Having spent six weeks this summer cruising on three different ships, we learned a few "hard knocks" lessons on getting the most out of cruising Europe.
The first was that visiting Europe via cruise ship was easily the most intensive sightseeing cruise experience ever. In the Caribbean, sure, there's history, but you can also mix and match laidback beach outings and boat trips (and not feel guilty). Alaska, most definitely, is all about the wilderness, but much of it can be passively explored -- from a seat on everything from a dog sled to a helicopter.
Popular European cruise itineraries offer a head-spinning array of choices. The first piece of advice? A day per port is by no means enough time to see anything, much less everything. The best way to stay sane is to treat each day as a "sampler" -- if you like it, plan to return for a lengthier stay another time. And if you don't -- and trust me, there will be ports that don't ring your chimes -- the good news is you haven't invested time and money in a long stay.
Europe's such a big place that on Cruise Critic we've divided it up into four basic regions (though you'll find that many itineraries will combine various ports from these regions). By and large though, here's a quick (and hopefully helpful) guide to choosing an itinerary:
Eastern Mediterranean: These cruises primarily feature ports of call in Croatia, Greece and Turkey. Embarkation and disembarkation points are commonly located in places like Piraeus (for Athens), Venice and Istanbul.
Western Mediterranean: These itineraries focus on Italy's west coast (with port-of-call stops that service cities like Rome and Florence), France's glittering Cote d'Azur, coastal Spain (from Barcelona all the way east to Cadiz/Seville) and Portugal (Lisbon).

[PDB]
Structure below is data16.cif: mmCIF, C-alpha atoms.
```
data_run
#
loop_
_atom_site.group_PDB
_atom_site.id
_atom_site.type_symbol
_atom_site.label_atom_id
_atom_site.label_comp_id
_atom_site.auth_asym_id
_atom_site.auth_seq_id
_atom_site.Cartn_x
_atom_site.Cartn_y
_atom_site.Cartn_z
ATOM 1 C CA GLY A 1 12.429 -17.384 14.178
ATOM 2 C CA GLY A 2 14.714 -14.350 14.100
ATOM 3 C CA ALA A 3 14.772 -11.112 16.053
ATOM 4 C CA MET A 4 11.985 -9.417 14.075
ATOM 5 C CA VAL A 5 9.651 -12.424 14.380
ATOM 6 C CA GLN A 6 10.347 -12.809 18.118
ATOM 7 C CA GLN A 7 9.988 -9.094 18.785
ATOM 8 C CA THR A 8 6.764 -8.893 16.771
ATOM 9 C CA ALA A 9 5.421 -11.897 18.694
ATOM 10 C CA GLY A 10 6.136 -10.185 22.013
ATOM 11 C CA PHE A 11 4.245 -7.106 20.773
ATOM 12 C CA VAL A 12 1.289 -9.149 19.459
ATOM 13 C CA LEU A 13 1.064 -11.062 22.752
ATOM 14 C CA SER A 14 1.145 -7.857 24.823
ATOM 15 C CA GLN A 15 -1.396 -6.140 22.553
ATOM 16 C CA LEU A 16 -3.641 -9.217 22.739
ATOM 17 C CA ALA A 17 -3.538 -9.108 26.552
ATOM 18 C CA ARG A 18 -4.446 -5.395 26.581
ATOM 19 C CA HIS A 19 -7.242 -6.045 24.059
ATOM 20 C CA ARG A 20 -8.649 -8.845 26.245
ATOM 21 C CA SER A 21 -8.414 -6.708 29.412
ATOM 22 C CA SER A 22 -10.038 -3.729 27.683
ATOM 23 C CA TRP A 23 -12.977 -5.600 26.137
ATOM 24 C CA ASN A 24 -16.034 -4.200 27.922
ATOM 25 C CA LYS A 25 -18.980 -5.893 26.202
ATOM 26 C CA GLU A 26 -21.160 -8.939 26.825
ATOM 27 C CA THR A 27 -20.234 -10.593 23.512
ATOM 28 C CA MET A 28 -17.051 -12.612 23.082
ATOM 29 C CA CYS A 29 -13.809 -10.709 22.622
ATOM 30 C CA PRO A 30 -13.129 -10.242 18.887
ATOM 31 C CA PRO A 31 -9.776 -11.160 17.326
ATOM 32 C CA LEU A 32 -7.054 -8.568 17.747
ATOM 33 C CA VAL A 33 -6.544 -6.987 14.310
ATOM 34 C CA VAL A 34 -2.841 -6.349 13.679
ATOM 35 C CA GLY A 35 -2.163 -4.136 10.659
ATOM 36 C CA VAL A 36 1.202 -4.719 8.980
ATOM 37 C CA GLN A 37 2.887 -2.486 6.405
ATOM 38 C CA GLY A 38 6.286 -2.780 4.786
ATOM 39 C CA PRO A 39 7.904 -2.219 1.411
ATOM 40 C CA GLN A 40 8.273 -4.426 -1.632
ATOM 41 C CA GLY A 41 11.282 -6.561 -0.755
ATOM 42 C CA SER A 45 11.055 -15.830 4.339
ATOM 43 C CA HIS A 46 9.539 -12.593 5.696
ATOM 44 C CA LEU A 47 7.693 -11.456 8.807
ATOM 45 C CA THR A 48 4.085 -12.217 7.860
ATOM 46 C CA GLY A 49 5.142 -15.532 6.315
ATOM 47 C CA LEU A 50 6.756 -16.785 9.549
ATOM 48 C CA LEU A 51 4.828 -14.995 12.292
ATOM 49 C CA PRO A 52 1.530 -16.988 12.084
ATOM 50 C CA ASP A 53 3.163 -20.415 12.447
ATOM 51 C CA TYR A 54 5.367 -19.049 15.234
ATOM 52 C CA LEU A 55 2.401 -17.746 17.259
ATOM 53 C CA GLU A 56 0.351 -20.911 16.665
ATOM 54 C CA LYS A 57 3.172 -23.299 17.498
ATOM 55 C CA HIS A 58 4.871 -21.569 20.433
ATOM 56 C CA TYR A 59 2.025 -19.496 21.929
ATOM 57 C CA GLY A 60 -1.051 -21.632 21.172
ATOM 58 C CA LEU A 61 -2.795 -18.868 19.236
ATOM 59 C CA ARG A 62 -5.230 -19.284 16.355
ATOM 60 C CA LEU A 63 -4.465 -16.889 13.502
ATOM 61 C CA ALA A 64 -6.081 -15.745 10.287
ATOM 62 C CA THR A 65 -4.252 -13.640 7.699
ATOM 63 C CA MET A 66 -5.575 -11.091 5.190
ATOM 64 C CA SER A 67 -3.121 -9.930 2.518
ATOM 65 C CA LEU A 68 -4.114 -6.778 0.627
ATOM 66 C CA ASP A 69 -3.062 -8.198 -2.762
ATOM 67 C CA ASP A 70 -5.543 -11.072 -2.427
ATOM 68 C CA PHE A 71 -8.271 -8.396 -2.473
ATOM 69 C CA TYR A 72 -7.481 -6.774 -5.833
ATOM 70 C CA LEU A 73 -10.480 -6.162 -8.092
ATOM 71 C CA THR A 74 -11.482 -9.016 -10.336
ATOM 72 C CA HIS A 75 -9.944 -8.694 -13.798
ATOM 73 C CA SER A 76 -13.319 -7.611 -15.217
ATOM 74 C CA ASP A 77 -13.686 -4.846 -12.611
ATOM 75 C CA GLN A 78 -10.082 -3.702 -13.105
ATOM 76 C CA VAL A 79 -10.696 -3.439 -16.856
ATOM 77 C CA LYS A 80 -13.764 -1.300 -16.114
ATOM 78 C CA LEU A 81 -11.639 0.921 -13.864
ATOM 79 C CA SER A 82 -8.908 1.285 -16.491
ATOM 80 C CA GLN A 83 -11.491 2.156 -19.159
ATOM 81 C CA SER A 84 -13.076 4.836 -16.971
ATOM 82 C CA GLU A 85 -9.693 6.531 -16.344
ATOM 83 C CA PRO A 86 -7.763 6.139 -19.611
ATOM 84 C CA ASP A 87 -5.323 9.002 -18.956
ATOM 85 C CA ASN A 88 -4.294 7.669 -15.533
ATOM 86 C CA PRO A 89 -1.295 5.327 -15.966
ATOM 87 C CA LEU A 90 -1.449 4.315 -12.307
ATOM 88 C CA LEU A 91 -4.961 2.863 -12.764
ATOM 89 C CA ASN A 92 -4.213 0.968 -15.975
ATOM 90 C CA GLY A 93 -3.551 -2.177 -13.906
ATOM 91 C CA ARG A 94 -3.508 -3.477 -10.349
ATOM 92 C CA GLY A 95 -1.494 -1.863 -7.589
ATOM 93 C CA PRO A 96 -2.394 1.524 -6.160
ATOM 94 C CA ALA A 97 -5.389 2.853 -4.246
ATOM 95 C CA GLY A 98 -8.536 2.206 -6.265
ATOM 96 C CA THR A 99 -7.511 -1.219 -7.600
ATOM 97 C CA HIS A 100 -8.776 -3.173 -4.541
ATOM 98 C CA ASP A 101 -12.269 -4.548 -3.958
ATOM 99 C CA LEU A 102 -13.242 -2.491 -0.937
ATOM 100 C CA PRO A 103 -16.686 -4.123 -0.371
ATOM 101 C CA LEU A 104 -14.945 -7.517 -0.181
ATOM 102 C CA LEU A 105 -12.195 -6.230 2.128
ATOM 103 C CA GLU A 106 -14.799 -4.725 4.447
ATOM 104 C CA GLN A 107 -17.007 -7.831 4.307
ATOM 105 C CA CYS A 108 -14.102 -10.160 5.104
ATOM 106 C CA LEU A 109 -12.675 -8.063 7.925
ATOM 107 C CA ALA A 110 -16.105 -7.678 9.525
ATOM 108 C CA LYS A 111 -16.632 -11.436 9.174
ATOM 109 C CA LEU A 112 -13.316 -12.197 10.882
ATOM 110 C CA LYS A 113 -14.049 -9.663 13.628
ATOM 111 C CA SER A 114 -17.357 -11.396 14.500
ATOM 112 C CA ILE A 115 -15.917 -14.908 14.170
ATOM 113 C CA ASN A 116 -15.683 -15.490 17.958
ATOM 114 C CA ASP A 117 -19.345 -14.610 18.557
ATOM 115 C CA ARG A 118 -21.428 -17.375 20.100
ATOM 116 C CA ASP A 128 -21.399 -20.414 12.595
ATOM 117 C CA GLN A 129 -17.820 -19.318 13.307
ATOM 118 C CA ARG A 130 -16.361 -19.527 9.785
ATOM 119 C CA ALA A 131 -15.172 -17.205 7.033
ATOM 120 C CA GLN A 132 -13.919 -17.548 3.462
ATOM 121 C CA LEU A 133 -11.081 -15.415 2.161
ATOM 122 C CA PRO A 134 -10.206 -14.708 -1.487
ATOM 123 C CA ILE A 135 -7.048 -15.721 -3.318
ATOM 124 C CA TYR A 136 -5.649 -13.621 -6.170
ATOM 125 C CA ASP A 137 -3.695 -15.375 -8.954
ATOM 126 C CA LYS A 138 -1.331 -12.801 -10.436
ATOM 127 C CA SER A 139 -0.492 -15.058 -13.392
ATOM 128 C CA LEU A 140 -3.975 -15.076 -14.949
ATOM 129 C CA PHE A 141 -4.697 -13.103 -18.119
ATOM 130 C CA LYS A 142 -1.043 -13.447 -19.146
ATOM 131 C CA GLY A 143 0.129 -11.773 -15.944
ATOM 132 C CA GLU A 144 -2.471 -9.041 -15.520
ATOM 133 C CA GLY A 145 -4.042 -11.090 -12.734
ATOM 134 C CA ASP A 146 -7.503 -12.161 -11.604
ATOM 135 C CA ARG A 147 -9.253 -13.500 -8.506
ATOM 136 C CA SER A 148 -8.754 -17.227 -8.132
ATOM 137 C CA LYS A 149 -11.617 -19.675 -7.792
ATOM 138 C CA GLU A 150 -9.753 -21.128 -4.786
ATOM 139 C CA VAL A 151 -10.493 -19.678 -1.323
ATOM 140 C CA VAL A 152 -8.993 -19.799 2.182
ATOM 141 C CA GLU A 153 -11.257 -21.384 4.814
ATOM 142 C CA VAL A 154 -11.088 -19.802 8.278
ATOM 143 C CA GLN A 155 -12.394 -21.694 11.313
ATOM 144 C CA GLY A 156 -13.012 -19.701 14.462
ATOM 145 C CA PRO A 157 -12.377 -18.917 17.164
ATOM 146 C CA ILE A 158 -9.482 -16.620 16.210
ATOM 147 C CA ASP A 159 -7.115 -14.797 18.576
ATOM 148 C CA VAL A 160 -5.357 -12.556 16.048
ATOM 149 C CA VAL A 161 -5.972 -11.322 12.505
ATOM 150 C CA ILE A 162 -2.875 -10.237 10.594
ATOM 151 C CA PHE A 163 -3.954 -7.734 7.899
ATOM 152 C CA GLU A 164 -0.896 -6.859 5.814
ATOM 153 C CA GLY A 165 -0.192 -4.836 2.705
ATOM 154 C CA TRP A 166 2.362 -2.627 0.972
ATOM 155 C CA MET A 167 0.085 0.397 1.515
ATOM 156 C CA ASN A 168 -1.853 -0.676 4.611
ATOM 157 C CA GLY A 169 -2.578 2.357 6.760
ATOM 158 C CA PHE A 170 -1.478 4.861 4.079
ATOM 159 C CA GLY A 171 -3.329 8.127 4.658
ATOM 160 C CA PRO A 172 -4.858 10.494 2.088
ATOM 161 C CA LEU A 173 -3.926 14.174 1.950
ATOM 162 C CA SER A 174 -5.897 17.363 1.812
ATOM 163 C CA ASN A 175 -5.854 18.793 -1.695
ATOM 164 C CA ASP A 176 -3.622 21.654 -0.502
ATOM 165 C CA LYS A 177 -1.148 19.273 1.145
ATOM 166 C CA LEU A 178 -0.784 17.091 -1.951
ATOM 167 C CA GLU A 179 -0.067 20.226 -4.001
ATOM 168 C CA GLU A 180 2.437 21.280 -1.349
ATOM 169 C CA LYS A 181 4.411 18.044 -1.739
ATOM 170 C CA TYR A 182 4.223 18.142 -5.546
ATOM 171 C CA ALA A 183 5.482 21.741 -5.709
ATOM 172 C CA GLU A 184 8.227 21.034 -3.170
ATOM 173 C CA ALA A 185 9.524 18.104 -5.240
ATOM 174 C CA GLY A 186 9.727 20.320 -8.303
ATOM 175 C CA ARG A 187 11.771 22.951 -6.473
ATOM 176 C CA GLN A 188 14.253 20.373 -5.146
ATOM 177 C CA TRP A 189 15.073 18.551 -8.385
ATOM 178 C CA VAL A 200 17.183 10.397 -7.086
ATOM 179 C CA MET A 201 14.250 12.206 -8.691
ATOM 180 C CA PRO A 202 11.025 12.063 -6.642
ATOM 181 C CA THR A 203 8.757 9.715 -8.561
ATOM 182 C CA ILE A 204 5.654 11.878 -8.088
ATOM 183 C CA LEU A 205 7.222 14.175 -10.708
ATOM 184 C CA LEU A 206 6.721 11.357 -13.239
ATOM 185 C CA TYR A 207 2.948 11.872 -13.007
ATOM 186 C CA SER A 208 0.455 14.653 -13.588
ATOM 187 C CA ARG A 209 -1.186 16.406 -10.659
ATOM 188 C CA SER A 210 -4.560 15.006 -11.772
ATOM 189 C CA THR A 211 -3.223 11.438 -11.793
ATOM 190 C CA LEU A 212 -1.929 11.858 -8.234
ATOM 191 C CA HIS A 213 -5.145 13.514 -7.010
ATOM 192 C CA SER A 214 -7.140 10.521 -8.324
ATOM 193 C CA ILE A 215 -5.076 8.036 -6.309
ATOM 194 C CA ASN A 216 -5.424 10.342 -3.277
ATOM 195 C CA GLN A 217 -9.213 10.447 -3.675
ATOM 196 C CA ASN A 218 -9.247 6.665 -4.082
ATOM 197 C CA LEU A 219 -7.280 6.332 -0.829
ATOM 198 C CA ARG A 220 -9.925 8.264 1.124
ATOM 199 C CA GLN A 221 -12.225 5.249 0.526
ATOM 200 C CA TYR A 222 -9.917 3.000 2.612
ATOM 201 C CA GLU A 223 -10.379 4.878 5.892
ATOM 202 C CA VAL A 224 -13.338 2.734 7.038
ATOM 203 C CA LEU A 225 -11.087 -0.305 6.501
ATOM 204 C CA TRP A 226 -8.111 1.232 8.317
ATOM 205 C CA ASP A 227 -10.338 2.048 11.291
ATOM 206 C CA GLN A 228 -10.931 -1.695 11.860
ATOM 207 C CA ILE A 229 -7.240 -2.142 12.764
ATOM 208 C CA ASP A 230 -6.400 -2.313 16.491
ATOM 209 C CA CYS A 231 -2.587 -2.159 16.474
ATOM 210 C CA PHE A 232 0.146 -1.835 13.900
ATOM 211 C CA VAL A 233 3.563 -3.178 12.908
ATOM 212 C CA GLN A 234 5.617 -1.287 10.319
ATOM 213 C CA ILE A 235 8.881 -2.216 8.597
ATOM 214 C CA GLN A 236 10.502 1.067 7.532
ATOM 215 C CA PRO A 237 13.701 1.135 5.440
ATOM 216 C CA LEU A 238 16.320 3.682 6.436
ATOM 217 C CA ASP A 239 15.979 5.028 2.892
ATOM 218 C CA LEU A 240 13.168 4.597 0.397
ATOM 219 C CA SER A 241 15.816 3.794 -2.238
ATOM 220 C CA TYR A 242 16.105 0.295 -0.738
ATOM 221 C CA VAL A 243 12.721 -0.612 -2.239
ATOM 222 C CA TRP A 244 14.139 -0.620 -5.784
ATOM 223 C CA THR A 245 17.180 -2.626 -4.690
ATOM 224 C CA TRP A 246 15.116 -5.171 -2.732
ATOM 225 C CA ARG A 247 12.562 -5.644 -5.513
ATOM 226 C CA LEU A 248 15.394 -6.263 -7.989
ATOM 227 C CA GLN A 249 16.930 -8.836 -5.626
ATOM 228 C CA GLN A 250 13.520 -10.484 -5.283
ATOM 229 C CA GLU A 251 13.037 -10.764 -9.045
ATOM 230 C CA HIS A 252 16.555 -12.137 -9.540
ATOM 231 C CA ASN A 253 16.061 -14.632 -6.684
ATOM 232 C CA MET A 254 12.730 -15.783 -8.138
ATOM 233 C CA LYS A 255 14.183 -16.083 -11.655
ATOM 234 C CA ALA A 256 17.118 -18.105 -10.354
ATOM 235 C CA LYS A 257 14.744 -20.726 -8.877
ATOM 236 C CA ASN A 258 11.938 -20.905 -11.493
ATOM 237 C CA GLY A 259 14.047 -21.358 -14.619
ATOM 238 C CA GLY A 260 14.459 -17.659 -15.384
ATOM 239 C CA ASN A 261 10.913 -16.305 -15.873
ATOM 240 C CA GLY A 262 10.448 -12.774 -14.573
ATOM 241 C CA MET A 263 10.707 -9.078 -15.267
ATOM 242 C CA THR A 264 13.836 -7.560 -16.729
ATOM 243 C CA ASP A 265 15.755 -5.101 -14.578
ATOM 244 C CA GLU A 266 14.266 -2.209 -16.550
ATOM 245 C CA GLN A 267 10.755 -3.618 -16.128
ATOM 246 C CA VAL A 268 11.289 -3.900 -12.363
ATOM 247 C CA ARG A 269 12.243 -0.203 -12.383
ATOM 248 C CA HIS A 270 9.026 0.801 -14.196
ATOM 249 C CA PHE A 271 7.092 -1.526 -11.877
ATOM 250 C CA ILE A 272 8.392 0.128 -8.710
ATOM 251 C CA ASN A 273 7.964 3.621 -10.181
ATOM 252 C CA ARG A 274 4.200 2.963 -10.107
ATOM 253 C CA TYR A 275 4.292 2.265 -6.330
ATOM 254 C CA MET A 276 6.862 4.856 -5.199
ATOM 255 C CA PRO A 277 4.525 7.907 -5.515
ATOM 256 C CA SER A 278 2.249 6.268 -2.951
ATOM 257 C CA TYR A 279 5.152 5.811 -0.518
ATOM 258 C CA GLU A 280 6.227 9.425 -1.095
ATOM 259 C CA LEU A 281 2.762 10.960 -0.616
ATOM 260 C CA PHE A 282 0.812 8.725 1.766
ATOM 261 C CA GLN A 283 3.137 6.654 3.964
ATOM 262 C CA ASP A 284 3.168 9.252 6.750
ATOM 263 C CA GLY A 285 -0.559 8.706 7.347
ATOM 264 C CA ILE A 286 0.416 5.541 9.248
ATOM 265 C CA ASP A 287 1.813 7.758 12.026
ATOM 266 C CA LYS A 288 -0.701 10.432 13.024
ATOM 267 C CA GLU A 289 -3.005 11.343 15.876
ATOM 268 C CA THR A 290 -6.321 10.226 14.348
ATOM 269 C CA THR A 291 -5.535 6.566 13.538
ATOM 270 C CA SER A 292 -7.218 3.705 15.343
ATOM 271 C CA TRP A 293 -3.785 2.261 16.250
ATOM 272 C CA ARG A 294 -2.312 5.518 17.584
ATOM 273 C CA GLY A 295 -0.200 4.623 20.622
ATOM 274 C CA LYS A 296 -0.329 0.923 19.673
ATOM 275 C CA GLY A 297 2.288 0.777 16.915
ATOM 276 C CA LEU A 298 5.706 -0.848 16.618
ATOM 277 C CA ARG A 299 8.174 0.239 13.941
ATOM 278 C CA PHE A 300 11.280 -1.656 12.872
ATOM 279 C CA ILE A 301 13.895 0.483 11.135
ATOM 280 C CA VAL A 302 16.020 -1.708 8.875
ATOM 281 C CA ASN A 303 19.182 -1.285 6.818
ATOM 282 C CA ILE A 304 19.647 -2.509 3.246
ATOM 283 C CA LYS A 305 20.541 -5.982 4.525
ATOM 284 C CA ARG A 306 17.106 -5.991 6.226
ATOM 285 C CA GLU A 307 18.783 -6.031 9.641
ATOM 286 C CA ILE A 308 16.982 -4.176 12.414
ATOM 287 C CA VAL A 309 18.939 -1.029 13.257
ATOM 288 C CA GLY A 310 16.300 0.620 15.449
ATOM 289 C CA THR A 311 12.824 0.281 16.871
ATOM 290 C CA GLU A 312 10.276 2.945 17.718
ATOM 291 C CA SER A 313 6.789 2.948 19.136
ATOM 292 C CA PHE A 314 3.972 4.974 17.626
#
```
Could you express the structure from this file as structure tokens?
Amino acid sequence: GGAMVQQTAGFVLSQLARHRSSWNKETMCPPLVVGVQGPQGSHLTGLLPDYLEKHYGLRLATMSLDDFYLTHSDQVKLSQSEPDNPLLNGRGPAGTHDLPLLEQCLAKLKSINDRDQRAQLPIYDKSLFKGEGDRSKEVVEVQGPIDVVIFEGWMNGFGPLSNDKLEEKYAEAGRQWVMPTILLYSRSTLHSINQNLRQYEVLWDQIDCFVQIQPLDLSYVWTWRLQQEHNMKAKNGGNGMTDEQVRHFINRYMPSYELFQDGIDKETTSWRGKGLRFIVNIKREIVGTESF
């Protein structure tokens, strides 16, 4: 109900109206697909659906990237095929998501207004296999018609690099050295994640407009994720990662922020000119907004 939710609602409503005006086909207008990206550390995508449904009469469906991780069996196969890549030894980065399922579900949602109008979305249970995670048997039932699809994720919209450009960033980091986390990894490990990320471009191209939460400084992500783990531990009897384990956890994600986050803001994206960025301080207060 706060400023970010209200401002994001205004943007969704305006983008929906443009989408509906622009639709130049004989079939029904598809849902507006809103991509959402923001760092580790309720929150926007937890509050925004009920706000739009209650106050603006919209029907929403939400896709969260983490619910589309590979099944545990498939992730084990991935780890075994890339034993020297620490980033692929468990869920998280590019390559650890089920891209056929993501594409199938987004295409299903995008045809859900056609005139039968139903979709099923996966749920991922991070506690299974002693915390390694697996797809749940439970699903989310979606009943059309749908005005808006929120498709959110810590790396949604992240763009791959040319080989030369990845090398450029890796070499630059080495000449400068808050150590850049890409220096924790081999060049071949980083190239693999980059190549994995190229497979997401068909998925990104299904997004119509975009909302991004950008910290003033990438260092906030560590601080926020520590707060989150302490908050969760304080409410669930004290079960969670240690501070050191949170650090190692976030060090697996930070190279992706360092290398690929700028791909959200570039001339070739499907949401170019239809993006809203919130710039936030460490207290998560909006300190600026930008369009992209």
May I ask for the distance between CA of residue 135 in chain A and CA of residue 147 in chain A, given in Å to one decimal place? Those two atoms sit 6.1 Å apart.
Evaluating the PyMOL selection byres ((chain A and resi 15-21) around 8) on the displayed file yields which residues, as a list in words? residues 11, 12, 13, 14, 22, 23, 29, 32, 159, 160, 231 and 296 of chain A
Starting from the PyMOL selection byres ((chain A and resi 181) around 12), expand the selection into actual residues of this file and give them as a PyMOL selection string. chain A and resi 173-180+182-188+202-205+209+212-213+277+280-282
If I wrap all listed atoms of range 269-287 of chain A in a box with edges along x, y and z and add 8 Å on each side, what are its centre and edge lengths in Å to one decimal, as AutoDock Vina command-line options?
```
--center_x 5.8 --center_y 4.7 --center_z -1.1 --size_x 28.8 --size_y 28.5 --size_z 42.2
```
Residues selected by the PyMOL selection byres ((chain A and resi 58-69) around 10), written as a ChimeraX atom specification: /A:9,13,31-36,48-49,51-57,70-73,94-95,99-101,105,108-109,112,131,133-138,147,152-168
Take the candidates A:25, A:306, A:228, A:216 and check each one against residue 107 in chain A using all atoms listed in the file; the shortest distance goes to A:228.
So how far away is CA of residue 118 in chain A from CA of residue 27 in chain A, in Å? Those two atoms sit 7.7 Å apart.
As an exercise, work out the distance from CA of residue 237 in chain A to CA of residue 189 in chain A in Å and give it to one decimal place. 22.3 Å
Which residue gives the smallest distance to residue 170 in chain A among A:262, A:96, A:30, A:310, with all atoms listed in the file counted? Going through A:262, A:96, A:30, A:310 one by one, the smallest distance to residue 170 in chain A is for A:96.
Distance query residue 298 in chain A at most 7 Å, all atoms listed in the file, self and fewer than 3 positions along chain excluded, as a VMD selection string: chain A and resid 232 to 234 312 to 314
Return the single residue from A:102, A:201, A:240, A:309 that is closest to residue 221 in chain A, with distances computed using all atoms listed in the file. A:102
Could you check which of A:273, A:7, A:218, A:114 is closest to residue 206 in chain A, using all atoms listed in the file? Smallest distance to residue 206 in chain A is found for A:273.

British Isles and Western Europe: On these cruises -- which quite commonly do pull from various regions such as the Western Mediterranean and Northern Europe -- you'll sail to places like Belgium (Brugge/Brussels), Amsterdam, Dublin, Edinburgh, Paris/Normandy and Hamburg. The most common embarkation point is London (Dover, Harwich, Southampton and Tower Bridge).
Northern Europe: There are two distinctly different types of itineraries in Northern Europe. The first is Norway's west coast, where the prime attractions are its gorgeous fjords. Cruises often turn around from Copenhagen or London. The second is the Baltic region, one of Europe's major centers of art, culture and history; key destinations there include Stockholm, Helsinki, St. Petersburg and Copenhagen. Common ports of embarkation/disembarkation include London, Copenhagen and Stockholm.
Other lessons learned on our European cruises?
Wear comfortable shoes (pack several pairs) and plan on walking. A lot. Those charming cobblestone streets (ubiquitous throughout Europe) are hard on feet.